Browser that Helped Chinese Overcome ‘Great Firewall’ Disappears from App Stores

Young pensive Asian man working on laptop at home office or library with serious face, bookshelf with clock blur background with copy space, business or technology concept, warm light effect
Getty Images

A web browser called Tuber that allowed Chinese users to bypass their oppressive government’s “Great Firewall” to access banned foreign services like YouTube, Facebook, Twitter, Instagram, and Google suddenly vanished from the app stores over the weekend.

The application’s website became inaccessible and customer service failed to return calls to media organizations.

Tuber is a mobile browser whose launch in late September was touted as a major “opening up” for the Chinese internet because it allowed users to reach services like Facebook and Twitter without setting up a complicated Virtual Private Network (VPN). Many Chinese users have become proficient at using VPNs to reach foreign websites their government has banned, but Tuber allowed casual users to reach those sites more easily.

Skeptical observers noted that Tuber looked more like a compromise than “opening up” — a tacit admission by the Chinese government that too many of its subjects were gaining unrestricted access to outside information by using VPNs. Tuber blocked searches for topics forbidden by Beijing, such as “Tiananmen Square.” It also required users to register using easily tracked identity numbers, and it informed users their data could be handed over to the “relevant authorities” if they watched or shared content that “endangers national security,” “spreads rumors,” “disrupts social orders,” or other Chinese Communist Party (CCP) speech codes.

“Much about the service remains unclear, such as its origin, the motive behind it and the technology it uses to get past China’s elaborate censorship engine. The operator of the app’s official website is 70% owned by a subsidiary of Qihoo 360, a Chinese cybersecurity software giant, according to business registration information,” TechCrunch noted on Friday.

The South China Morning Post (SCMP) suspected that Tuber was either an effort to lure Chinese users away from VPNs to a browser that gives the government some monitoring and censorship capabilities, or a sop to the Western world at a moment when the CCP’s authoritarianism has become a cause of international friction. The CCP might have been looking for some higher ground from which to criticize the U.S. for banning Chinese services such as WeChat and TikTok.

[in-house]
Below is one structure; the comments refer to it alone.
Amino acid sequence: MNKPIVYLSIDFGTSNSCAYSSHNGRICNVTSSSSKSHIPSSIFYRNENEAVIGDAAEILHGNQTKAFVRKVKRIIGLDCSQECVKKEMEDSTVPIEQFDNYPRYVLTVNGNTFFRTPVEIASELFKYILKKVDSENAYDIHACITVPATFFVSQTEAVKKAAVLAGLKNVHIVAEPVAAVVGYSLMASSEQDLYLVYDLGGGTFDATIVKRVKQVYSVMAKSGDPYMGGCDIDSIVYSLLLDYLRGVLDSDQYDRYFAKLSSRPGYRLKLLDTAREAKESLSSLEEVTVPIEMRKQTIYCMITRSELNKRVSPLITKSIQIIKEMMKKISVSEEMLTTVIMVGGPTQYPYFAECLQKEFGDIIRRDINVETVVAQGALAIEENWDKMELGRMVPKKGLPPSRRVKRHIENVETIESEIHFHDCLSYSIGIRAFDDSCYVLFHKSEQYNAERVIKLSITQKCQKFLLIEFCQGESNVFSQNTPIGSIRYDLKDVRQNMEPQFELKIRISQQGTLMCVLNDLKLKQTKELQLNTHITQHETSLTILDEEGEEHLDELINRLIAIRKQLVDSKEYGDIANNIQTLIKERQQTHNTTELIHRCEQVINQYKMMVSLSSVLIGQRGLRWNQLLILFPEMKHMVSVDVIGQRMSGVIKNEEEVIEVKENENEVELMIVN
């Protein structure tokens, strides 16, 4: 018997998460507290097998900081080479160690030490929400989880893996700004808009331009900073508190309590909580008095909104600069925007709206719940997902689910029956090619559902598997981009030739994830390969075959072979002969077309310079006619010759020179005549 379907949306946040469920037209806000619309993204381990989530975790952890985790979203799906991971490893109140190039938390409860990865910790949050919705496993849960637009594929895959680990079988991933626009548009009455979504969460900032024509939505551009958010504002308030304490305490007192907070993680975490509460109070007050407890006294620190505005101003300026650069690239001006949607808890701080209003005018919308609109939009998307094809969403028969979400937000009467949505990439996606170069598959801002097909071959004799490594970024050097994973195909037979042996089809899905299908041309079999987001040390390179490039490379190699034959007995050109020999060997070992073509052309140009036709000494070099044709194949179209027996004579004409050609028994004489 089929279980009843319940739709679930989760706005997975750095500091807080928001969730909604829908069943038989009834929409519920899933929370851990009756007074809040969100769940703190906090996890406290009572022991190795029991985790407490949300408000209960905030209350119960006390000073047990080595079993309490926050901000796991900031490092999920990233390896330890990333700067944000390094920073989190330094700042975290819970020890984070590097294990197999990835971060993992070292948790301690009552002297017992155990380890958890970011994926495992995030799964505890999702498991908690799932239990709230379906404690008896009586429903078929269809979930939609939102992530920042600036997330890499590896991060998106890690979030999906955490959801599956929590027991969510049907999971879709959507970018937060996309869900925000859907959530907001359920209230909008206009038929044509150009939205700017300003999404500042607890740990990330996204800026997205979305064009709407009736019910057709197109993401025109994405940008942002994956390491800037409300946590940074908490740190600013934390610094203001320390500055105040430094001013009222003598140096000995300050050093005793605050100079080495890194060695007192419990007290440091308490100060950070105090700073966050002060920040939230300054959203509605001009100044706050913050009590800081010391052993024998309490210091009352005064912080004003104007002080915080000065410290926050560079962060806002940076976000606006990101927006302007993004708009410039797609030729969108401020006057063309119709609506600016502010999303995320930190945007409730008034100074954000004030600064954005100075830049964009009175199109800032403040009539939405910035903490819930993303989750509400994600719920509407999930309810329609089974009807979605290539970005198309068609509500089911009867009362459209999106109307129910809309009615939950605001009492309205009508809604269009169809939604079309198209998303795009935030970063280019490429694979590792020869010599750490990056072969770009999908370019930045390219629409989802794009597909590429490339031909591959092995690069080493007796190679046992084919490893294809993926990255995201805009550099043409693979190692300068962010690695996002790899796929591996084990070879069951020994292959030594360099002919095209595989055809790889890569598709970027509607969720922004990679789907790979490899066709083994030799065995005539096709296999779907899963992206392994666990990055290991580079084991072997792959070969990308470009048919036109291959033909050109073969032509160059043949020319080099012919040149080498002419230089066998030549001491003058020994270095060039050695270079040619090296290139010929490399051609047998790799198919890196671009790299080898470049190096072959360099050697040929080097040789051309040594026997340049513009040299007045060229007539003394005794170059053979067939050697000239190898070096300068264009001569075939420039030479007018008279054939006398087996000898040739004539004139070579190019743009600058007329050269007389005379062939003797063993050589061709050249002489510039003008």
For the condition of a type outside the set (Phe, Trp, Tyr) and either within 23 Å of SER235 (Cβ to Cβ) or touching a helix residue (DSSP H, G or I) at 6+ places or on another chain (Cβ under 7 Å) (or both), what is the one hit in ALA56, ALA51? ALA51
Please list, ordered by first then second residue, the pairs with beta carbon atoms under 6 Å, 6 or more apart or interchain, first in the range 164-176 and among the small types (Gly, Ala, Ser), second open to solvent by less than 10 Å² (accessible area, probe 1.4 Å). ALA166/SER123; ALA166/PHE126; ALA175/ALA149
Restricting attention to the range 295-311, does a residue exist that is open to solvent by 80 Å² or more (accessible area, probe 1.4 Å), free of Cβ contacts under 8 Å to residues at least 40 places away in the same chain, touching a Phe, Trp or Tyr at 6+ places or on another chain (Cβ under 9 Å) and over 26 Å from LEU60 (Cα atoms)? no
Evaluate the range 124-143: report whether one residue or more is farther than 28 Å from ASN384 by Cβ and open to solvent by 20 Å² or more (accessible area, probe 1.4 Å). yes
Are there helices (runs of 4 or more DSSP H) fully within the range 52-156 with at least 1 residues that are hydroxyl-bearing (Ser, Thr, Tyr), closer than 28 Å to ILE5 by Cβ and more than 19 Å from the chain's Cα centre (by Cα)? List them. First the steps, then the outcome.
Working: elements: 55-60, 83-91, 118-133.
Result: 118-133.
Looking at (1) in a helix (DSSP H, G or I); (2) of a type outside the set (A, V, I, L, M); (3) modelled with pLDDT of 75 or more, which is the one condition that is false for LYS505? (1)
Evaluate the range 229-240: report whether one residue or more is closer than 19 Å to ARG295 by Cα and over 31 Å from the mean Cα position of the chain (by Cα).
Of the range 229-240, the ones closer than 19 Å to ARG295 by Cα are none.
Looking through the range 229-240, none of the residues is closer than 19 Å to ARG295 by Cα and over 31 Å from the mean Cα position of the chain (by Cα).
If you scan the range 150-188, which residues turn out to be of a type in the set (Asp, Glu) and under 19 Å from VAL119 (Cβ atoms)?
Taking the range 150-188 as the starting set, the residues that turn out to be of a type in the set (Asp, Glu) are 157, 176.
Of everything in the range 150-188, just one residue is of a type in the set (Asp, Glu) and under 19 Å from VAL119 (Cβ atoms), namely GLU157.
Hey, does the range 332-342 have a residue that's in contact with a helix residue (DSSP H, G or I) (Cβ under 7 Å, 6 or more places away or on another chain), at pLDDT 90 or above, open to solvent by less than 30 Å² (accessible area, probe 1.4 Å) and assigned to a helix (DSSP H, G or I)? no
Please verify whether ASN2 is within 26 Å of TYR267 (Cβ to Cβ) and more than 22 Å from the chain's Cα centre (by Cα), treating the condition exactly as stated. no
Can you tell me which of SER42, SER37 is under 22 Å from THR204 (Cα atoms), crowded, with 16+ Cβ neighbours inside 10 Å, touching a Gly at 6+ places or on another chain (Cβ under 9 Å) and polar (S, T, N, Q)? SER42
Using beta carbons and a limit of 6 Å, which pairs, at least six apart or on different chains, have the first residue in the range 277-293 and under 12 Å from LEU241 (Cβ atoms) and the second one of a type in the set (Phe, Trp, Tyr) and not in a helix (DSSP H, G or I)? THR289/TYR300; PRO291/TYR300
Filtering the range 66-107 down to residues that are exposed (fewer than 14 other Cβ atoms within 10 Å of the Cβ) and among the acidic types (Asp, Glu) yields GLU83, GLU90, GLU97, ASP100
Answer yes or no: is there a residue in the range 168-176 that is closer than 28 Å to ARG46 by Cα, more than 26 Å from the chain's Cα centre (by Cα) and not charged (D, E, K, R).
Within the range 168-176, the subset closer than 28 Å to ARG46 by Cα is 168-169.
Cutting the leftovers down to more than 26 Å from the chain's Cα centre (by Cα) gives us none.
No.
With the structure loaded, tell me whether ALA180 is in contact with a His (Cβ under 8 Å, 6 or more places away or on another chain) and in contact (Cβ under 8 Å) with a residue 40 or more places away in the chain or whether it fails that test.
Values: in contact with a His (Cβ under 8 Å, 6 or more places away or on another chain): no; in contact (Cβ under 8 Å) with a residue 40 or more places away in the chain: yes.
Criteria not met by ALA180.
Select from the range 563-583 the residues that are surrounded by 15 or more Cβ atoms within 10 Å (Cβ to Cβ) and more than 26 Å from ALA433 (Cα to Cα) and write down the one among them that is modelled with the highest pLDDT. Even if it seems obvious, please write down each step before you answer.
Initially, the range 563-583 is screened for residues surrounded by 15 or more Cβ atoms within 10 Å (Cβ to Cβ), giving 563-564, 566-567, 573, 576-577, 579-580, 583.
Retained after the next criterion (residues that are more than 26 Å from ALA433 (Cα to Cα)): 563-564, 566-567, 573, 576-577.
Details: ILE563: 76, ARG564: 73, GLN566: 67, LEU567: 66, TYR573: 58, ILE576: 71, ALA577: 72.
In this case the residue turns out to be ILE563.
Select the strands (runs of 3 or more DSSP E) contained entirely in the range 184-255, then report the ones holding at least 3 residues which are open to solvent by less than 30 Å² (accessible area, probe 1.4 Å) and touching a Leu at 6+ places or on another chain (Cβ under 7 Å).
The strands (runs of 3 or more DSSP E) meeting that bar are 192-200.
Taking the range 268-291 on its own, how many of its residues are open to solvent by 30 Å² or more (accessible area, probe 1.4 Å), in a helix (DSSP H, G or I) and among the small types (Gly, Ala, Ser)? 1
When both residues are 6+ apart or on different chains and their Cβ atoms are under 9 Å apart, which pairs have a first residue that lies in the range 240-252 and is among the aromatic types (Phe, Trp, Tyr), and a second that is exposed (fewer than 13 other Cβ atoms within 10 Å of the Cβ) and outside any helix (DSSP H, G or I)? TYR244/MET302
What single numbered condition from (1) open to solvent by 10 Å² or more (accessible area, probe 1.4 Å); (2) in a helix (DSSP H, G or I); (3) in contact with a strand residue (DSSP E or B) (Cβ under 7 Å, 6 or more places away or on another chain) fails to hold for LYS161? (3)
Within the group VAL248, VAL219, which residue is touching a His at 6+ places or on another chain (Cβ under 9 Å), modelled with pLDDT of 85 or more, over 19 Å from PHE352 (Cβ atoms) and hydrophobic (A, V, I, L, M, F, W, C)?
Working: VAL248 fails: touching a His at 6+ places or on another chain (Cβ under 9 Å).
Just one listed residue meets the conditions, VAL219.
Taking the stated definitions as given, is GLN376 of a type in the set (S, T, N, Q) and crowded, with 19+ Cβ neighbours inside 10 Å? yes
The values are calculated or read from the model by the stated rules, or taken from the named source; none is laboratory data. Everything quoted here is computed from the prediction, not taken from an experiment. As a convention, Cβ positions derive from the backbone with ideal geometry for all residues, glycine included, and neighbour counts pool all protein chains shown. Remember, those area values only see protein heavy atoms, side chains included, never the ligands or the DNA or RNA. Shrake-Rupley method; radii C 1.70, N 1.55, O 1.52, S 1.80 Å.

The SCMP noted that Qihoo 360 is the “biggest cybersecurity company in China” and its founder Zhou Hongyi is “a political adviser to the Chinese Communist Party,” so its creation was almost certainly not the act of rogue Internet freedom activists making a gesture of defiance against Beijing. Furthermore, Chinese state media applauded the release of Tuber and praised it as a bold step toward “opening up” to the West, even as those who tried using the app complained it was nothing of the kind.

“It’s fake. There’s not a single sensitive thing there,” one unhappy user told the SCMP, judging the Tuber experience to be little different from the usual “castrated” Internet available to Chinese users.

Several Internet freedom activists told the SCMP that Tuber looked like a “CCP-run honeypot” — in other words, a trap that would lure people into accessing or sharing forbidden material, at which point the Tuber administrators would rat them out to the authorities and hand over all the data needed to prosecute them.

“The cynic in me would say that it could be a way to get individuals to self-identify with having Western-centric tendencies that the regime could use against them,” said Andrew Mertha, director of China studies at the Johns Hopkins School of Advanced International Studies.

Tuber abruptly disappeared from the app stores run by Apple Inc. and China’s Huawei telecom giant on Saturday, after notching some five million downloads over the two weeks it was available. The app also became nonfunctional for the people who had downloaded it.

“It was unclear which agency ordered its removal, which came after Chinese users on social media hailed their newfound ability to peruse content from Youtube videos to Instagram photos without an illegal virtual private network, or VPN,” Bloomberg News reported.

Several Western media organizations said Tuber’s creators did not reply when asked to comment on the app’s removal. Chinese Foreign Ministry spokesman Zhao Lijan also declined to comment when asked about Tuber at a press conference on Monday morning.

“This is not a question about foreign affairs and I’m not aware of the matter you mentioned. China regulates the Internet in accordance with laws and regulations. I’ll refer you to the competent department for more information,” Zhao said.


Please let us know if you're having issues with commenting.